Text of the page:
In a season in which it has not been possible to get close to the road to see professional cyclists competing in the first person, television broadcasts have compensated for this. While it has always made more sense to watch the entire race from the television than to see the riders pass in front of you and not know anything more about them until getting home, there is nothing like being able to say “Sagan looked at me when I was cheering for him” or “look son, I have a new bidon for you”.
Those of us who watch the broadcasts almost in their entirety have been able to visit from the distance the most emblematic places where the various televised races took place and, this way, we could detect the messages of support written in the route through which they passed through.
Painting the roads with messages of encouragement for cyclists has been common for years, but recently, several groups of people, aware of the media exposure it entails, have raised the level of the sketches. Now the remarkable pieces capture the attention of both the fans who see them from the shot of the helicopter, as well as the cyclists themselves.
Guilty76 – Coloring the highest roads
The guys from Guilty76 have become well-known for their street guerrilla since they painted part of Mont Ventoux in 2015 during the Tour de France stage that ended at the mythical Alpine climb. Even the police considered that it was something that had to be preserved and made sure they could finish painting. They can also say that they own what is probably the highest street-gallery in Europe, as the Col de l’Iseran is still colored with the drawings they did in 2019.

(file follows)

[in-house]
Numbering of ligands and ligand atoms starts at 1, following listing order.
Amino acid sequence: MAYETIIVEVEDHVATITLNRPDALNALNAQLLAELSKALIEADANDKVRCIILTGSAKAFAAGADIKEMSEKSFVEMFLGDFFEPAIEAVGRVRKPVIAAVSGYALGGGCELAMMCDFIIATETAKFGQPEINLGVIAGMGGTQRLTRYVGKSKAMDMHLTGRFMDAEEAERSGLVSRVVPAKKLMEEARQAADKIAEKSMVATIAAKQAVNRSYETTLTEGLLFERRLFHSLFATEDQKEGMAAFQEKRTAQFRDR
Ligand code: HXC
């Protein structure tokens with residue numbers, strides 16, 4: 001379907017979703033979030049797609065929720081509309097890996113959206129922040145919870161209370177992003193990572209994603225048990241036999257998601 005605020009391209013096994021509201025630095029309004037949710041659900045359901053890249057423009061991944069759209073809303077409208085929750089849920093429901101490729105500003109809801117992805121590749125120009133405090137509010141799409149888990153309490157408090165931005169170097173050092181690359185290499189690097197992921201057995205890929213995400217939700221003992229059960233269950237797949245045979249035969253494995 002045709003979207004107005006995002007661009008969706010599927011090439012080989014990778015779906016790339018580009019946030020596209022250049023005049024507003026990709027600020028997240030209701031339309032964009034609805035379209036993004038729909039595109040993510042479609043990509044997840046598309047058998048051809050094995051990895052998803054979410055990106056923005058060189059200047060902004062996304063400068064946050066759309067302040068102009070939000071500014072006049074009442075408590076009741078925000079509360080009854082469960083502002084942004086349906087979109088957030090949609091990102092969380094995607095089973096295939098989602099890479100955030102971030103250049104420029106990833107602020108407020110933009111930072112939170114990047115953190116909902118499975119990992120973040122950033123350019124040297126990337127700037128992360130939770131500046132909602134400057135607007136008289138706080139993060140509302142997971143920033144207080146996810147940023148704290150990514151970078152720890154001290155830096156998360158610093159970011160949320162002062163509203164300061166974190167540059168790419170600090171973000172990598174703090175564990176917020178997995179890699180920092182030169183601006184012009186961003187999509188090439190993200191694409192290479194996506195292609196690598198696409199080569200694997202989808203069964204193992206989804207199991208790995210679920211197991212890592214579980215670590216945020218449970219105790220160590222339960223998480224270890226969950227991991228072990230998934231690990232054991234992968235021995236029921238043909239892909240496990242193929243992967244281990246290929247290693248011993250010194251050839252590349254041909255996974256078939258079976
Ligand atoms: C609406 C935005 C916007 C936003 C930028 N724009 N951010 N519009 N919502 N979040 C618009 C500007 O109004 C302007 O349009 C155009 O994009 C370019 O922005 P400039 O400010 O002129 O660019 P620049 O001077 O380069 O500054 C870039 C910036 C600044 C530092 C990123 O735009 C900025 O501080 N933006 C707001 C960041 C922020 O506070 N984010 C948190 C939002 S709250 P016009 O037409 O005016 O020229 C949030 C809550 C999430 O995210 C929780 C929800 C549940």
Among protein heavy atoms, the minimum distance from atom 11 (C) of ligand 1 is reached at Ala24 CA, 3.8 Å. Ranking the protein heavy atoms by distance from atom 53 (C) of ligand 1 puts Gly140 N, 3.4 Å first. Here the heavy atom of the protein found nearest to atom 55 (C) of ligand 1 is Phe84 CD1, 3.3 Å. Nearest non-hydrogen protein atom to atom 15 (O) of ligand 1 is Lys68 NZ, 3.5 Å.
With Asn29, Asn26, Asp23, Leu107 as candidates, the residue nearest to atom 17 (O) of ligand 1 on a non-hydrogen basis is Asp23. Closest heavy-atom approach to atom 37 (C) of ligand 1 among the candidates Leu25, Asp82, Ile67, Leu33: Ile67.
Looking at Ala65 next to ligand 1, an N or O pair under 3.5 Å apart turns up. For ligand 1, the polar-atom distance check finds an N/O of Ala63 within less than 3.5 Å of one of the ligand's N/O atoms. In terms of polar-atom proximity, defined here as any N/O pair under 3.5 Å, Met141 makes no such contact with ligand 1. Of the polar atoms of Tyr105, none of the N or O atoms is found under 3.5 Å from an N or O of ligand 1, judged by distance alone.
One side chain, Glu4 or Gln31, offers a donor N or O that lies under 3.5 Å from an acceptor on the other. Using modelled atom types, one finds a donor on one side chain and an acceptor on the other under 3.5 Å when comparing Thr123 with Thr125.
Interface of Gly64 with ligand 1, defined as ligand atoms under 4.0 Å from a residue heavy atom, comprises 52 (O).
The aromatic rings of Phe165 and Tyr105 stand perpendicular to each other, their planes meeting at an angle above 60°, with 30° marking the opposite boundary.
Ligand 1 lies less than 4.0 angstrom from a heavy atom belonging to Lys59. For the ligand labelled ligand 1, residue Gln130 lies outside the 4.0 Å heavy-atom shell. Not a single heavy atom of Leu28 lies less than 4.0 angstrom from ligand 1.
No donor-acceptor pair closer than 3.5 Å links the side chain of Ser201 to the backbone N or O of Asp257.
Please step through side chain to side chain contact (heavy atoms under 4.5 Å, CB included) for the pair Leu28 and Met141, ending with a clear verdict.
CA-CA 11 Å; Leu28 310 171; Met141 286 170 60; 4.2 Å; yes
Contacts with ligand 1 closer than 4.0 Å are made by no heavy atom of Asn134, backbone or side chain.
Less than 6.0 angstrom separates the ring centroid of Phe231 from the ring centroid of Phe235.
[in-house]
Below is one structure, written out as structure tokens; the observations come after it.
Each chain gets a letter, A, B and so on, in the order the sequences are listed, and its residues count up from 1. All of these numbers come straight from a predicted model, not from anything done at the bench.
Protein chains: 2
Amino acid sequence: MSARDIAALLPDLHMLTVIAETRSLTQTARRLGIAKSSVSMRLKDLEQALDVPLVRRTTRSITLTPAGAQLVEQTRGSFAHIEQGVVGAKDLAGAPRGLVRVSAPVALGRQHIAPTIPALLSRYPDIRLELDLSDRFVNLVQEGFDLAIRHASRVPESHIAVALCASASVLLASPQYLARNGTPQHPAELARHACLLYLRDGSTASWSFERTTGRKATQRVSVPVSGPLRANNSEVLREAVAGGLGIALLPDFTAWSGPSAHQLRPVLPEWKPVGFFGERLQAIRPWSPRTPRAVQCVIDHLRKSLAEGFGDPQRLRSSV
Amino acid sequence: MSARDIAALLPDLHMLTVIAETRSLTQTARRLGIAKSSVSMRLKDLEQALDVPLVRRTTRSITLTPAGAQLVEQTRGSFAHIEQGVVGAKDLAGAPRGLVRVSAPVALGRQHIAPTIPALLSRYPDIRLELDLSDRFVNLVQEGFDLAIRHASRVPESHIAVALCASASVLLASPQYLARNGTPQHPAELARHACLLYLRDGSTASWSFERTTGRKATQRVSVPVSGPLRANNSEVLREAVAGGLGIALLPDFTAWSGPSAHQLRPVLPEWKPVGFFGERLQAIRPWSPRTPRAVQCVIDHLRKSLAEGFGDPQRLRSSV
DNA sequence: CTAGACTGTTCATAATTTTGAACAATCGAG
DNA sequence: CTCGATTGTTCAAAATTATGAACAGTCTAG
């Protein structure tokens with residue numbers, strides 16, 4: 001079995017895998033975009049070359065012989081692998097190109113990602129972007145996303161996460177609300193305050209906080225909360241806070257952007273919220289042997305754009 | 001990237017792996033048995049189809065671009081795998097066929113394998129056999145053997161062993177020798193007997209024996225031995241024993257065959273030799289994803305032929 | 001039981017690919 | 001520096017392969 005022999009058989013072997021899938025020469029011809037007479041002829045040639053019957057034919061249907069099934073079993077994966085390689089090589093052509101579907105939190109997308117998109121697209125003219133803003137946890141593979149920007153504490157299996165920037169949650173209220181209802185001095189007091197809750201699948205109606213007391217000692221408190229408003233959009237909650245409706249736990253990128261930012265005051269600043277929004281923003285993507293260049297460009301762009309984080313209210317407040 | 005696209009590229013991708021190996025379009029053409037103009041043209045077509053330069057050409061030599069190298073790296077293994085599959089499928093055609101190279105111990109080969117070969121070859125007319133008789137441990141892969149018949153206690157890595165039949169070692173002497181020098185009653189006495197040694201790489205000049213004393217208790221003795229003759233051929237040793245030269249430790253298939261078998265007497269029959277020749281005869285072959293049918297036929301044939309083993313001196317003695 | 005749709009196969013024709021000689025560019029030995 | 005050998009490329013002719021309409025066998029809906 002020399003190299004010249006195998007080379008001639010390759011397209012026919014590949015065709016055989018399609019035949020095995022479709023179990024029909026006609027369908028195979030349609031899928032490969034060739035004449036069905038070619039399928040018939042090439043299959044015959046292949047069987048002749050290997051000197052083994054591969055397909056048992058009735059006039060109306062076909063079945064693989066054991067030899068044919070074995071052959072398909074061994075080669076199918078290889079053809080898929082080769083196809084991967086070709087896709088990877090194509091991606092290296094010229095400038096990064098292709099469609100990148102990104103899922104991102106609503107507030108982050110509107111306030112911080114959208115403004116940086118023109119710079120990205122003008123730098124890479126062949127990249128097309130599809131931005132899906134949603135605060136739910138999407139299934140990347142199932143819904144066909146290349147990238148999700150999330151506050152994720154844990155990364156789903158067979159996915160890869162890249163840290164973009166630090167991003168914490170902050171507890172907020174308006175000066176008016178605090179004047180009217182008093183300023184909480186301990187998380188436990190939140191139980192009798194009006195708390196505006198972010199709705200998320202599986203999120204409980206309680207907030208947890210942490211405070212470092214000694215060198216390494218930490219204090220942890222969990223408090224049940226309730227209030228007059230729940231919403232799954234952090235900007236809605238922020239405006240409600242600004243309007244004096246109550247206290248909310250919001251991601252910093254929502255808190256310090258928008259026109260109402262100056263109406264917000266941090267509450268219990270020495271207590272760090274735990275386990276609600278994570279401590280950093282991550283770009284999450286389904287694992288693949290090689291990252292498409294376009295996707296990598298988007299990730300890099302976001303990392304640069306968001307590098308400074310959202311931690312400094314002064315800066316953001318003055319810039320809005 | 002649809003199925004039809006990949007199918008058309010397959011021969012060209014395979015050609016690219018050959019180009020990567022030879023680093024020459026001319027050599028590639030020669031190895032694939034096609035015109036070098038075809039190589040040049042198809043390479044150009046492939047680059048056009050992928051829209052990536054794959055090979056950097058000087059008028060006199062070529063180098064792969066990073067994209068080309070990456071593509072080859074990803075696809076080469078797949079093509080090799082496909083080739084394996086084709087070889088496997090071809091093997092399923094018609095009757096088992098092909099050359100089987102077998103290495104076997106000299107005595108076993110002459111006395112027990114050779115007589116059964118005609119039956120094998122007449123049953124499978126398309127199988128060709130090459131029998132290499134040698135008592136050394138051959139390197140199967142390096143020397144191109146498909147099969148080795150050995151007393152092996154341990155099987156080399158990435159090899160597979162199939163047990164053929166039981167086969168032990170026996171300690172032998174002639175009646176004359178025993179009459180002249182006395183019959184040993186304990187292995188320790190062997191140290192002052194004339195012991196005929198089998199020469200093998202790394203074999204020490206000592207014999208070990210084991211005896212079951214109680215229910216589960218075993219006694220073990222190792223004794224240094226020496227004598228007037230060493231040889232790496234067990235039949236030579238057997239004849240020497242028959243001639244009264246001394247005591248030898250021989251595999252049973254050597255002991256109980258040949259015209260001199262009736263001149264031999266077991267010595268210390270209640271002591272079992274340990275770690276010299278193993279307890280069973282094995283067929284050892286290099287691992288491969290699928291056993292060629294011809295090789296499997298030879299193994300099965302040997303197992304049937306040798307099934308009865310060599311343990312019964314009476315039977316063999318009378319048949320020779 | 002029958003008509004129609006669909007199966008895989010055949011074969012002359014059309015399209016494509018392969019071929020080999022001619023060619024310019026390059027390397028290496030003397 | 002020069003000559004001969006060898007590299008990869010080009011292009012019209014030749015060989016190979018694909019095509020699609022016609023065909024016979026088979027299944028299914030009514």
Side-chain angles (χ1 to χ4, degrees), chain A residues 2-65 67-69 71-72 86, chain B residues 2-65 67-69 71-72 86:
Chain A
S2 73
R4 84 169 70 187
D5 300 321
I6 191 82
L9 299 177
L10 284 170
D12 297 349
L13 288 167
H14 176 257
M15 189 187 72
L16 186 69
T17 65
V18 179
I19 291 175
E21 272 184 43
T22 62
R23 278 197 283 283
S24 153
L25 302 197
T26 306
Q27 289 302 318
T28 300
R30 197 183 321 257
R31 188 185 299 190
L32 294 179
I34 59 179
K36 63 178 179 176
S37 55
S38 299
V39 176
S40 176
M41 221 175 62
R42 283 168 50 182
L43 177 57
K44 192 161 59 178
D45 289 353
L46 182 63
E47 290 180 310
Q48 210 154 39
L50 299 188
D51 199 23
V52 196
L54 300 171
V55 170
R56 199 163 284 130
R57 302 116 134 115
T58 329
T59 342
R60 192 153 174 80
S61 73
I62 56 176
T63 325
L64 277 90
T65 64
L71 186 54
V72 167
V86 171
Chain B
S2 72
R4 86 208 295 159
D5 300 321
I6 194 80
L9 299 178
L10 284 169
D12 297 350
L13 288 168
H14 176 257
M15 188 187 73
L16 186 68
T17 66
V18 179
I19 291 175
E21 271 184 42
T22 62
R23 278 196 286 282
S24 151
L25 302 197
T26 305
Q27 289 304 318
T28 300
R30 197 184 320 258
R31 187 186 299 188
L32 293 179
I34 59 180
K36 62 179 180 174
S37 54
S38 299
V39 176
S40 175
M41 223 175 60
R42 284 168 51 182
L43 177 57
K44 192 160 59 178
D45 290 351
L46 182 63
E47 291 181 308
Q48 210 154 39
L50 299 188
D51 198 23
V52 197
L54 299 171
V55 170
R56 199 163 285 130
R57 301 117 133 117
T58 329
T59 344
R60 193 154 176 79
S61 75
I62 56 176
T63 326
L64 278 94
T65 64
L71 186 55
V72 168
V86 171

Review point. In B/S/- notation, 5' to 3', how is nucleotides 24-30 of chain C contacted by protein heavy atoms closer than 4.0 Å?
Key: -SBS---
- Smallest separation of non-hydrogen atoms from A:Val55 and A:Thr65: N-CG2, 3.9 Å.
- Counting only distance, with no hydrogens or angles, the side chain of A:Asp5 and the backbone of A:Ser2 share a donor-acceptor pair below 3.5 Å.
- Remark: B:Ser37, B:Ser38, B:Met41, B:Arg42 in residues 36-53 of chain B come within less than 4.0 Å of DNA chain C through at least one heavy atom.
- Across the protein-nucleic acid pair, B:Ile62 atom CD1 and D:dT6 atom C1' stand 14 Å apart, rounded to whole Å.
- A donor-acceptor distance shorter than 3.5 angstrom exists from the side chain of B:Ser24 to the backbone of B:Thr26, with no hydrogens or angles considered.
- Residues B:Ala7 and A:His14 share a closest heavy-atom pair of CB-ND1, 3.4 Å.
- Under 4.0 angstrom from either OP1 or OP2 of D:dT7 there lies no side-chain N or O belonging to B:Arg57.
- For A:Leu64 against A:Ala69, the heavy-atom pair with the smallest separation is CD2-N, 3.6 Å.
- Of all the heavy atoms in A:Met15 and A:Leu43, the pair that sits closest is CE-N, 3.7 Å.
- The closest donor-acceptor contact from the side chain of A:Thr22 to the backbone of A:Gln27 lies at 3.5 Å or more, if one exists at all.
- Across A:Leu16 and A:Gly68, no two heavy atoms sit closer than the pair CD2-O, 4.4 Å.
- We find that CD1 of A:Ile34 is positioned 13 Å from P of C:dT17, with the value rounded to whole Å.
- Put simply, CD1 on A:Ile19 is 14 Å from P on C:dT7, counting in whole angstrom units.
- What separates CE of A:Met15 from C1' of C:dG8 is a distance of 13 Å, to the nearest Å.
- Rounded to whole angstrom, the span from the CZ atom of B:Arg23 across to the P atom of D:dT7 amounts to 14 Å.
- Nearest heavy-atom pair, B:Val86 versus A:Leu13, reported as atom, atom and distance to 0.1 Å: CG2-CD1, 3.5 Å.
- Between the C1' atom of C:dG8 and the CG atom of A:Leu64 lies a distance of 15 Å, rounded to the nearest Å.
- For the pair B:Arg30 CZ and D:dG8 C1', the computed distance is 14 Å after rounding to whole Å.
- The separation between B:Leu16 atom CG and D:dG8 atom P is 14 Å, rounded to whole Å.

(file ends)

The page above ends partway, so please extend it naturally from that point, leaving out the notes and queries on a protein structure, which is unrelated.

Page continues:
It is not easy to leave your mark on the road. Most of these groups of people paint at night to avoid obstructing traffic and disturbing as little as possible in order not to attract attention and avoid the visit of those responsible for the area.
In addition, you cannot draw what you want, because for example, in the Tour de France, there is a group of people who drive along the route of the day ahead of the advertising caravan and are in charge of destroying all those drawings on the road with obscene or commercial messages, preventing them from being seen on television. We have all seen several videos in which this group transforms the phallic shapes painted on the asphalt into bicycles or butterflies.
Depending on the location, multiple permits are required in order to get the job done, while if you run into the right people, they even support you. “In Germany they would arrest us if we do this, but in France they love it” – says Florian. They have also painted the cobblestones of the Muur van Geraardsbergen, one of the pilgrimage sites of European cycling. Although people did not give them hope to do so, they managed to convince the mayor of the town during the Grand Départ of the Tour de France in 2019, which started in Brussels. Until then no one had dared to paint the mythical climb, but they went there and did it.
Coming from Frankfurt, Guilty76 does more than painting simple words of support for cyclists and teams they want to cheer on. “We have never received bad feedback on our work, but what surprises us even more is that we have never been arrested” – laughs Florian. They have a close relationship with several professional cyclists, who let them know if there is a change of route or tell them what they think of riding over that painting that they have dedicated to them. Their pieces do not go unnoticed, and to this day it is already common to see in the German broadcast of the main races a section dedicated to showing their latest works.